At the end of 2019, humanity faced a new coronavirus infection that swept across all continents and became a pandemic in a short period. This circumstance has led to forced restrictions on human contact and decreased productivity in many industries. Changes have also occurred in the provision of pharmacovigilance processes.
Regardless of the world situation, a company’s routine pharmacovigilance processes include interacting with health care providers and patients, collecting information about adverse reactions, maintaining a database of those reactions, determining the signal, analyzing information, reporting data, providing periodic reports, and more. Internally, these functions are regulated by regulations, job descriptions, and standard operating procedures. If the pharmacovigilance system processes are well structured, there should be no difficulties in collecting information and reporting data in a pandemic environment. For X7 Research, we decided to increase our vigilance in handling incoming reports and pay special attention to those adverse reactions that are similar to the symptoms of COVID-19 infection. We also effectively ensure continuity of pharmacovigilance processes even in the face of emerging constraints. All incoming adverse reactions are coded with a MedDRA medical dictionary, which allows processing large amounts of data and quickly identifying emerging “trends” among the received information. There is also a convenient system of interaction with regulatory authorities for reporting adverse reactions through the Pharmacovigilance Automated Information System online in Russia.
Globally, ensuring the safe use of medicines is a priority for modern healthcare. During an outbreak of viral infection, anyone will try to protect themselves and their loved ones by following preventive measures. These include frequent hand washing, use of antiseptics and disinfectants, taking vitamins, etc. In this case, pharmacovigilance specialists must be prepared for a possible increase in reports of adverse reactions. This hypothesis can be easily tested. The World Health Organization recommends the use of alcohol-based hand sanitizers, which rarely cause adverse reactions when used routinely. This is confirmed by previously published data in the FAERS (The FDA Adverse Event Reporting System) open database, where all “alcohol-based sanitizer” queries have hardly 20 adverse reactions. However, a recently published study from the epicenter of China, in which healthcare workers treated their hands with alcohol-based antiseptics more than 10 times a day, reported that of 321 healthcare workers, 76.6% developed hand skin lesions and dermatitis symptoms. The high incidence of skin adverse reactions is at least of scientific interest and provides new information about the safety of these agents. And for manufacturers, these data can serve as a reason to change precautions in the use of skin antiseptics.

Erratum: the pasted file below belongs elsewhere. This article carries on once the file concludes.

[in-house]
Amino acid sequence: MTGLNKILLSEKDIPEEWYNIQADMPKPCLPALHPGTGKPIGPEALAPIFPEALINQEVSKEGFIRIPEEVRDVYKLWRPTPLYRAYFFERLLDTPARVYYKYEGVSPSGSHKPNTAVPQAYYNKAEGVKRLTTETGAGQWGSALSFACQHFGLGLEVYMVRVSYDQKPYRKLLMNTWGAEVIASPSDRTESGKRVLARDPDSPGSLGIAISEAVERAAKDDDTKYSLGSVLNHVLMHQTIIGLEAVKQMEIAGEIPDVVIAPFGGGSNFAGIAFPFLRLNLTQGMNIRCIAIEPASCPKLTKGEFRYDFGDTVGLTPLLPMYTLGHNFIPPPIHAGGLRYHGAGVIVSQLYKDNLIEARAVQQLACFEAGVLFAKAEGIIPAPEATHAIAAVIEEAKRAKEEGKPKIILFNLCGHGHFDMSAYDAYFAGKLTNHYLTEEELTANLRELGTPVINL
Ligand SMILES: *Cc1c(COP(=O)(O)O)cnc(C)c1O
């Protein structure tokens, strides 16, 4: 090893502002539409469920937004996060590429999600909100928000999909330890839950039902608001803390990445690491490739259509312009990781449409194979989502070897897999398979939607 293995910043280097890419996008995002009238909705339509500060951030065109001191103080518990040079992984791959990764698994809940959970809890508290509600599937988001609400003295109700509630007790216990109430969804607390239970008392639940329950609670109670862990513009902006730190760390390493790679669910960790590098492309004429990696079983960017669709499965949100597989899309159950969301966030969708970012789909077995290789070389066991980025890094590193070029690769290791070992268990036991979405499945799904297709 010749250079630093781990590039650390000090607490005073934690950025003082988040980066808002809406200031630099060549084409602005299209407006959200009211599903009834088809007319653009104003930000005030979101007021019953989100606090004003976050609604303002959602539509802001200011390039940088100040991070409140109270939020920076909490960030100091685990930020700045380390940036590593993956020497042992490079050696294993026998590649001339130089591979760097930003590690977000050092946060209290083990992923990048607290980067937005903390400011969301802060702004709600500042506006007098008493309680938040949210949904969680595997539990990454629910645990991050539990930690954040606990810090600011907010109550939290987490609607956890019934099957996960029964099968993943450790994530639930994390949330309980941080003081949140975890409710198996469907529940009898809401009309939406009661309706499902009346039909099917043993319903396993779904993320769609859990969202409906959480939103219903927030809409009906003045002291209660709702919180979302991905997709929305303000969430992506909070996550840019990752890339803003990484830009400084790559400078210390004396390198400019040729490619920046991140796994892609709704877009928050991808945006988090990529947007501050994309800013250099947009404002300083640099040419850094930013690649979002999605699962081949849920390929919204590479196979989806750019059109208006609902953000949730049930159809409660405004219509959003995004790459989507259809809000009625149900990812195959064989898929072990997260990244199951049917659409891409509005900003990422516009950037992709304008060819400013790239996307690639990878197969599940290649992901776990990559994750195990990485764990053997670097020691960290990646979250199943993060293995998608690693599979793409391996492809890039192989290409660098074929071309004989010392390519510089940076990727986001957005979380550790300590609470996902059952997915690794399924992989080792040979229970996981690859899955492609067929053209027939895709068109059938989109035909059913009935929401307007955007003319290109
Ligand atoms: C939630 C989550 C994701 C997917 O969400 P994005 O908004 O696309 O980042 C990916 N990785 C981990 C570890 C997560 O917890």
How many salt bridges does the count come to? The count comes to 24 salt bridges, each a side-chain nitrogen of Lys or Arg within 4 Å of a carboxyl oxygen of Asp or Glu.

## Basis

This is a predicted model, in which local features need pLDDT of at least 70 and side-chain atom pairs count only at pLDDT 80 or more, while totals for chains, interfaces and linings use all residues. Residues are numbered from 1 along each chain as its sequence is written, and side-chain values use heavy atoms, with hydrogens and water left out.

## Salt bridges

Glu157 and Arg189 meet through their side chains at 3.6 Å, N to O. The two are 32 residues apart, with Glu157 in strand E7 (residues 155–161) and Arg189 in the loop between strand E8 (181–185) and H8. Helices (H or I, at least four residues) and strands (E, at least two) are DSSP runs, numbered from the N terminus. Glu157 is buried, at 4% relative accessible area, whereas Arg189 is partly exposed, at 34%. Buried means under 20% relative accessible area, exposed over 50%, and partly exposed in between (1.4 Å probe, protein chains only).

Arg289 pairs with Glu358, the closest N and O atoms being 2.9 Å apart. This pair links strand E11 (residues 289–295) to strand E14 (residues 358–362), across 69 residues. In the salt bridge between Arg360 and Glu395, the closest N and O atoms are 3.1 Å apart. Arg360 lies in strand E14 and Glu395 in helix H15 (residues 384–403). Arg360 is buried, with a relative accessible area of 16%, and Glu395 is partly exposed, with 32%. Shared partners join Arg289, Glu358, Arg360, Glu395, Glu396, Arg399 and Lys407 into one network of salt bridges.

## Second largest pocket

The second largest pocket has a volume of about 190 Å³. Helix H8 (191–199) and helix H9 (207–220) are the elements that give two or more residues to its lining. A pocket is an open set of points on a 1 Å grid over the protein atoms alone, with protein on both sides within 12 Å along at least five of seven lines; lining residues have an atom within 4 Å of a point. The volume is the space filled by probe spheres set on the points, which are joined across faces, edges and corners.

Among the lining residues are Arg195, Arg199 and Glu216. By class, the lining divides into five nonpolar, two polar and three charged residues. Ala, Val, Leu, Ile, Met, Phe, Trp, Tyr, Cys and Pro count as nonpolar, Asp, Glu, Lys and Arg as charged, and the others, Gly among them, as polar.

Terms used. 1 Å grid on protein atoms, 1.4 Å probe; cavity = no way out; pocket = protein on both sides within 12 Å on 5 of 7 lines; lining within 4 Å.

If in the previous example we cannot draw any conclusions and the data were provided only for thought, the following information is already a scientifically documented fact. For previously unknown diseases, taking any medication is “off-label,” that is, not for the indications given in the instructions for medical use. Due to the high incidence of COVID-19, the Solidarity clinical trial (more than 3,500 patients from 35 countries) was launched to find drugs to treat this infection. One of the objectives was to study the therapeutic efficacy of a hydroxychloroquine-based drug. After some time in the study, on May 23, 2020, the Solidarity executive team made an official announcement of its decision to suspend the study of hydroxychloroquine due to negative safety data on the drug. The Data Monitoring and Analysis Committee (this is the role of pharmacovigilance in clinical trials) conducted an analysis and reacted instantly in a way that would minimize risks and keep trial participants safe . Each report of a suspected adverse reaction contributes to an up-to-date view of a drug’s safety profile. By the way, after a thorough evaluation of all adverse events and deaths, the hydroxychloroquine study has resumed, and the safety data monitoring and analysis committee continues to closely monitor the study.
Each of these examples involves huge resources, ensuring continuity of pharmacovigilance both at the global level and at the level of pharmacovigilance of a specific company. The performance of any system is determined by its ability to adapt to current conditions. Maintaining a heightened focus on reported adverse reactions and doing their job well are some of the key requirements for pharmacovigilance in a pandemic.